Ok just to be clear what Massachusetts wants to do is charge inventory tax on everything stored in Amazon warehouses in their state. Amazon can and should stop this very easily. If they do nothing then in a year or two every state that has such taxes will try and do it. All Aamzon has to do is tell Massachusetts that it will comply but they will also close every warehouse in the state. I know that would get my states attention since thousands would lose their jobs. Now that the internet tax dam has been cracked by Washington State you can expect to see every state trying to tax internet sales any way they can if the feds don’t get off their duffs and start regulating internet commerce.
If Amazon does nothing and Massachusetts succeeds here it will be the end of FBA.


#7

The subject of whether an Amazon fulfillment center constitutes a nexus in a state has been argued on these forums for years.

If you do not register, you can expect you will get to argue about how to interpret Quill when you are contacted by the Mass DOR.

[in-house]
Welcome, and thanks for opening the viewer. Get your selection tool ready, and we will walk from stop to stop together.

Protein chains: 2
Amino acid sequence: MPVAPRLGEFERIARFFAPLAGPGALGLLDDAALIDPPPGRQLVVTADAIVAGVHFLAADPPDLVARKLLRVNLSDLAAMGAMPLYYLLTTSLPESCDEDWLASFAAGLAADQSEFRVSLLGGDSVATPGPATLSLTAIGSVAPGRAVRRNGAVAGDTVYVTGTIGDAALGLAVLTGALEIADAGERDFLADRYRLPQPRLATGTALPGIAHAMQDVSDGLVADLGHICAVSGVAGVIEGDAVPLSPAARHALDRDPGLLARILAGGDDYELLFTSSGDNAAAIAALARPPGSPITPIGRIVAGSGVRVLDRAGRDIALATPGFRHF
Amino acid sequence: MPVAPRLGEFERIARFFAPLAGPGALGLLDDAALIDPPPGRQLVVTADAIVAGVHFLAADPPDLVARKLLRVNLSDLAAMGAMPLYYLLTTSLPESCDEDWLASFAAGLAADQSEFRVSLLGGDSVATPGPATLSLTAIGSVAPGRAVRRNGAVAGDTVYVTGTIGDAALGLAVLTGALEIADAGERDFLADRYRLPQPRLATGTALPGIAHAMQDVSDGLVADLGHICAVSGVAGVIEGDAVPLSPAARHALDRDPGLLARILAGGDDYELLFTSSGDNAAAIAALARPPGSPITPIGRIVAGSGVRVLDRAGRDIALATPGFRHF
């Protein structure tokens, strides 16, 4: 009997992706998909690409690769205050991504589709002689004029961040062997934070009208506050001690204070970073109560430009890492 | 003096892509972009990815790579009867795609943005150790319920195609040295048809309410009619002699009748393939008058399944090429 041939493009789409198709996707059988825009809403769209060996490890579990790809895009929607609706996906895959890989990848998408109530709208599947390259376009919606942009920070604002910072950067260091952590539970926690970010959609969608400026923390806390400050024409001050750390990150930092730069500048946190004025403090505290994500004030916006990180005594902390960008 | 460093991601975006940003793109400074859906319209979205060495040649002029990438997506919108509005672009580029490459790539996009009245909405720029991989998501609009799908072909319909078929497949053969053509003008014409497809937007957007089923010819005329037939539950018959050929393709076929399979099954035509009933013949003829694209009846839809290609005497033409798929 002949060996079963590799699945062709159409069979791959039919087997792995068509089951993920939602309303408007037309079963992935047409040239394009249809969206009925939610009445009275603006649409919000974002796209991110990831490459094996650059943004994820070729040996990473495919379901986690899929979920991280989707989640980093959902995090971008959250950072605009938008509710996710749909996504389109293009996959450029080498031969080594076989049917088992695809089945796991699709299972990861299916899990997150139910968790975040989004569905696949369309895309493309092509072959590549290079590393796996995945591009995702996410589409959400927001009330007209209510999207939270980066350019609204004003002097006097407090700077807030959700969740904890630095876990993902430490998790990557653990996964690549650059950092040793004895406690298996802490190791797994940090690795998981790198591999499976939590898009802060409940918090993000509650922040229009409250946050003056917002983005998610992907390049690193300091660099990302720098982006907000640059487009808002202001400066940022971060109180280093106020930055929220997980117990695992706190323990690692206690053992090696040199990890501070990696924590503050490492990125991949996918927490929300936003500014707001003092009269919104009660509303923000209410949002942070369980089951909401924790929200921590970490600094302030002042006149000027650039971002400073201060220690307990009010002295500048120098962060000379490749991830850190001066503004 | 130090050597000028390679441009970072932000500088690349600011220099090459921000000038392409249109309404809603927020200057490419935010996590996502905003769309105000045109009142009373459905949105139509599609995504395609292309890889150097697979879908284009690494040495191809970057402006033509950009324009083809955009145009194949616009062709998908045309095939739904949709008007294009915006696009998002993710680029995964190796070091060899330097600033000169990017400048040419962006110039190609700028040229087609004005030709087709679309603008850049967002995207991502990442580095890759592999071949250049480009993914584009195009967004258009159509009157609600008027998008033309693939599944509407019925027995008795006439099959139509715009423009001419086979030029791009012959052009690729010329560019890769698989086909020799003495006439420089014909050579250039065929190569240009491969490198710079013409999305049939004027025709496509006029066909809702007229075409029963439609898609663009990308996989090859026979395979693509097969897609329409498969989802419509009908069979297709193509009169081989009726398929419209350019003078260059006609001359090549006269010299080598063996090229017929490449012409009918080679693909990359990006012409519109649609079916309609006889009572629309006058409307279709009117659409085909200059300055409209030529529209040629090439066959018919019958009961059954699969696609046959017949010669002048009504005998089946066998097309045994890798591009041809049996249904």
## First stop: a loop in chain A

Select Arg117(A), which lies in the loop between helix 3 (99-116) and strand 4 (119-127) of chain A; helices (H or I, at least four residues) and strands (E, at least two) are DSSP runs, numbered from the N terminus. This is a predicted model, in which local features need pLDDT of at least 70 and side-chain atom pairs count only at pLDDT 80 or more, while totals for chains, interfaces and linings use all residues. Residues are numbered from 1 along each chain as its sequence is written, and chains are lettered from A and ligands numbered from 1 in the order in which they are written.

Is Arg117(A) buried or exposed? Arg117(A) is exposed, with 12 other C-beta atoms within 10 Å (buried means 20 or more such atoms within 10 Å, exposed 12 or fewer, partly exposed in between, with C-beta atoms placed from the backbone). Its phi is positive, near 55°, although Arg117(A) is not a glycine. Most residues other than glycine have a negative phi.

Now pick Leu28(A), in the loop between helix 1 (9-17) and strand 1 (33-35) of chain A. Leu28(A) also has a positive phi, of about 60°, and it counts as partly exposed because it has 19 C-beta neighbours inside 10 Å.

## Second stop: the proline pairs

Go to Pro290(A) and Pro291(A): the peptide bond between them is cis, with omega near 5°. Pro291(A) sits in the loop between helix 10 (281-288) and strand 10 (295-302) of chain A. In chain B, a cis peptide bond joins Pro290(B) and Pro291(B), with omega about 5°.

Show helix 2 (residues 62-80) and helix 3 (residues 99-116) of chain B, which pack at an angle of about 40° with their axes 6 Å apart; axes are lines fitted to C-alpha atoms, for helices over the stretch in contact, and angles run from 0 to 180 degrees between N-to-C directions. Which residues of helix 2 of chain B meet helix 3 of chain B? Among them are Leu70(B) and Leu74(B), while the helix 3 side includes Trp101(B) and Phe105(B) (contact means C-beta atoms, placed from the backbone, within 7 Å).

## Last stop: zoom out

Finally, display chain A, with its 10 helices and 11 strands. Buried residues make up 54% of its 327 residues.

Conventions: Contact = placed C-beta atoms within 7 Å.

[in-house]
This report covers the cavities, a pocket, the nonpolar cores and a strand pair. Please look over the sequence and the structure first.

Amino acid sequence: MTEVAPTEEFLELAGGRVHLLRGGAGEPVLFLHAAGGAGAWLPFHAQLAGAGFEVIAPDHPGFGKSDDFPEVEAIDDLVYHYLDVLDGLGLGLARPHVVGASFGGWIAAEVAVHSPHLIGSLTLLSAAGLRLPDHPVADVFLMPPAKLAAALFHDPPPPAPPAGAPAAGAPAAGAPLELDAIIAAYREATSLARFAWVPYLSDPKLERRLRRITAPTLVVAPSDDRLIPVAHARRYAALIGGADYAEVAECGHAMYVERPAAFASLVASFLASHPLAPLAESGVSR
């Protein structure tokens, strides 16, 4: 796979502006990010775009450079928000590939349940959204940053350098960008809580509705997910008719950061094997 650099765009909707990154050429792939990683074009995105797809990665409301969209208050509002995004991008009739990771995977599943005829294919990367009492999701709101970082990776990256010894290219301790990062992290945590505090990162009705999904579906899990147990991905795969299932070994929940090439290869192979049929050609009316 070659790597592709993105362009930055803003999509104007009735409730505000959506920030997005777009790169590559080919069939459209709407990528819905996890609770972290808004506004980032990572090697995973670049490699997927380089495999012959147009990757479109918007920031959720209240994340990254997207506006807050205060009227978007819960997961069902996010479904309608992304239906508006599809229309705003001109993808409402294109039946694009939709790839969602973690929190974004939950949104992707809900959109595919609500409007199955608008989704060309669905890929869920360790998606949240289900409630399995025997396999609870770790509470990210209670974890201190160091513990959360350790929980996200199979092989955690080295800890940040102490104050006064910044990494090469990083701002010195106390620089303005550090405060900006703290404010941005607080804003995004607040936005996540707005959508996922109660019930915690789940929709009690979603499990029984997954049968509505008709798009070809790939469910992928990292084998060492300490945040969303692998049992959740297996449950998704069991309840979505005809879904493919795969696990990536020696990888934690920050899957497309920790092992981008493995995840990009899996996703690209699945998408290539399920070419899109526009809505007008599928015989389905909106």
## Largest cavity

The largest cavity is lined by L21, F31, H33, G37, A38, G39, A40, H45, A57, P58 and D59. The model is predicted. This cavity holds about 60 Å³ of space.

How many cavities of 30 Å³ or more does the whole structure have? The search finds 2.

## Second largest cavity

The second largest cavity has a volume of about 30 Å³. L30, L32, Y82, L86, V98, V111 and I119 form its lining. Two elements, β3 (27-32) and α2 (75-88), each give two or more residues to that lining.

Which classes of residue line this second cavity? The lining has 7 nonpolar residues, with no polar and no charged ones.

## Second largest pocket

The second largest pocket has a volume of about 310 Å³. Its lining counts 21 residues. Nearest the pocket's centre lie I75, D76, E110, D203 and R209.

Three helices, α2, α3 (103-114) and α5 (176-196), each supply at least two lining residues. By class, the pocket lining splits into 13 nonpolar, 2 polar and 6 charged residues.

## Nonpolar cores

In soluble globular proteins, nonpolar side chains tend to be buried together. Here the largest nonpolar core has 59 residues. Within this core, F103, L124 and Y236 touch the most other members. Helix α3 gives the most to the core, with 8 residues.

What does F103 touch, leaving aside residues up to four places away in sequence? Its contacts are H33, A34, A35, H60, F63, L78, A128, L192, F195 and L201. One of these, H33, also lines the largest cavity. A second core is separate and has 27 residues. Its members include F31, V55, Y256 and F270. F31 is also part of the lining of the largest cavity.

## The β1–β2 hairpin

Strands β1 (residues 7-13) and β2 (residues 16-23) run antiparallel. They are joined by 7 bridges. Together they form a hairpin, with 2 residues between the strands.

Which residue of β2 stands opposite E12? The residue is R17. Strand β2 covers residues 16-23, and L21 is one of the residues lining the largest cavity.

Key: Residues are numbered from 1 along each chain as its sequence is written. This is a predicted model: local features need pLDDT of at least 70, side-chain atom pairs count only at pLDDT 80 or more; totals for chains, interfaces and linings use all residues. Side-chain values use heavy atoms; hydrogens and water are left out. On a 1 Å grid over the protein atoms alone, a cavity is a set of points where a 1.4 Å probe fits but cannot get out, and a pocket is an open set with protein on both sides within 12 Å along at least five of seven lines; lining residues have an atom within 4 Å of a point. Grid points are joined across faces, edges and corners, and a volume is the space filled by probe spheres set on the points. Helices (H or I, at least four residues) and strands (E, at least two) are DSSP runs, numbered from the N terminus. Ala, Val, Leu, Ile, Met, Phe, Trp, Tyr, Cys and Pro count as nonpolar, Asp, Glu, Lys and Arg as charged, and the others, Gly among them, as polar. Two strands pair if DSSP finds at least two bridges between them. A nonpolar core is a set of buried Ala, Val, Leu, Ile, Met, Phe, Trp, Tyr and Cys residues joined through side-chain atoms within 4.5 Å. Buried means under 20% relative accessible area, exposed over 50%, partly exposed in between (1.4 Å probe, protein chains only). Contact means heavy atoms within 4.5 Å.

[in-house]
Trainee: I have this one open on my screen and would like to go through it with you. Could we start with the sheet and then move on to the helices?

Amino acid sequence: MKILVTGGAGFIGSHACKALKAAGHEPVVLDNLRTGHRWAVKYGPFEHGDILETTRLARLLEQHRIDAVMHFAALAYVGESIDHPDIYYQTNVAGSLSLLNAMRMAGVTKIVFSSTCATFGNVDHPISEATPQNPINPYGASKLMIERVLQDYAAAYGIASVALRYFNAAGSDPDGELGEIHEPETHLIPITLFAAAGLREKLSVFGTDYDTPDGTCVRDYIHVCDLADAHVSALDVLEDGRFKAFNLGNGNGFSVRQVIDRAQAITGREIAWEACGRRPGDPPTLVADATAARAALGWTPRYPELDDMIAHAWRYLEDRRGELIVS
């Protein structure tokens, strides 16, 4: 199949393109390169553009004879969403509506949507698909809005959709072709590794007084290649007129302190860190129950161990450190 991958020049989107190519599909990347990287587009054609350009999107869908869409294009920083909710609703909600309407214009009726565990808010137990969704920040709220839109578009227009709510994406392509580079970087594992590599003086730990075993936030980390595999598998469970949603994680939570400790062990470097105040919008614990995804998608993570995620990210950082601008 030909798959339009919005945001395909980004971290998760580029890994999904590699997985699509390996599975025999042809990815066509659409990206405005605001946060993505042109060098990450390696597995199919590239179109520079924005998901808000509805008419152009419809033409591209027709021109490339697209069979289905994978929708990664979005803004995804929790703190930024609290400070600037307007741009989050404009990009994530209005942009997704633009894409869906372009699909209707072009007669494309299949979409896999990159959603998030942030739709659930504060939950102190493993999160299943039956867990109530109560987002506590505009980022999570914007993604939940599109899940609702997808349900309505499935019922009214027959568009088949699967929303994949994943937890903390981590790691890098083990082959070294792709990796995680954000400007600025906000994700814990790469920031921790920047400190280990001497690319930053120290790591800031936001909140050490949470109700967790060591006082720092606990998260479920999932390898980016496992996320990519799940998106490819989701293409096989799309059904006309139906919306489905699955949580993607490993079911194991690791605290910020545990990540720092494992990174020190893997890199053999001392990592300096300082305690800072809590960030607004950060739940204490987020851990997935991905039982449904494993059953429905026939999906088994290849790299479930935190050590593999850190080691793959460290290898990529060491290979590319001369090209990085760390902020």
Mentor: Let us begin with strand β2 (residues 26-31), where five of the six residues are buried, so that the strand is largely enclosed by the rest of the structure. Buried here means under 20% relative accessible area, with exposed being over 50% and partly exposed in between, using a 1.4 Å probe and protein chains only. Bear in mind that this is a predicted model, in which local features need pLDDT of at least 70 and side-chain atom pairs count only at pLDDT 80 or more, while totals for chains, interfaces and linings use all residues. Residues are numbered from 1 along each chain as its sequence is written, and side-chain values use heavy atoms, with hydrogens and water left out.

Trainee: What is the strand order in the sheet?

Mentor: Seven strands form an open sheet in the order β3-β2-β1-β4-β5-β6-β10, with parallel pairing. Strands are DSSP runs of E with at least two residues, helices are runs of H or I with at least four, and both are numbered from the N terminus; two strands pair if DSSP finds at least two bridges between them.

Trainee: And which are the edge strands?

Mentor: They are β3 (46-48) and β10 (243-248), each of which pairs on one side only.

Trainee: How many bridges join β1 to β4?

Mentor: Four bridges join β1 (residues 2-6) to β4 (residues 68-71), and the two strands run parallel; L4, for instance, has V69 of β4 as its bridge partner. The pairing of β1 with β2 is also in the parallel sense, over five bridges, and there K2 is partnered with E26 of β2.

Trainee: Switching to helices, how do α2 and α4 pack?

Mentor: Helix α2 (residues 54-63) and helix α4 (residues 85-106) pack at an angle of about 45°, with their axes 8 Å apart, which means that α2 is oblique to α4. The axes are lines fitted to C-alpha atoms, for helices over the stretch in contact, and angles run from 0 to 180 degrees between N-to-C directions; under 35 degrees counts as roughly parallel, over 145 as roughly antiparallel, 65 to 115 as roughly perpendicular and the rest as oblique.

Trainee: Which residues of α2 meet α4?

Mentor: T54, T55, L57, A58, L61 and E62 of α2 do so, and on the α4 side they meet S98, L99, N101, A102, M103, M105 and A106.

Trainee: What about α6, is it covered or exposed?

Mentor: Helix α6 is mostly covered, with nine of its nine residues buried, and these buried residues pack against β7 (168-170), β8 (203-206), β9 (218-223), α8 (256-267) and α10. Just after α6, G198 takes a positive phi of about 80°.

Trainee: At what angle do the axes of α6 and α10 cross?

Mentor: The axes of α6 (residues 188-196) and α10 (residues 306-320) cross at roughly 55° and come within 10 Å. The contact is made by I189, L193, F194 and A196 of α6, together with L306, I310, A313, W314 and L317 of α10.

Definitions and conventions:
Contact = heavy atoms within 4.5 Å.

This is going to cost you money one way or another. And it could cost you any merchandise stored in a MA FC.

Make a practical business decision.

Or you can wait for the posts here from people who have no stake in your business and will encouriage you to fight for what they think is right.

Edited by: Lake on Jan 22, 2018 2:29 PM


#8

That is a business decision.


#9

yeah but…

Who really keeps anything of value in stock in Taxachusetts…


#10

Makes me very happy we are not FBA.


#11

The only point your missing is that Amazon is behind this.

When they capitulated, and started paying tax for their own inventory, stored in their own warehouses, in every state-- they began formulating strategies to make 3P sellers pay tax too.

Although Amazon should pay tax on their own warehoused inventory sales, as a matter of law, we find it deceptively ingratiating for them to offer no resistance, going so far as even to assist, illegal power grabs by individual states.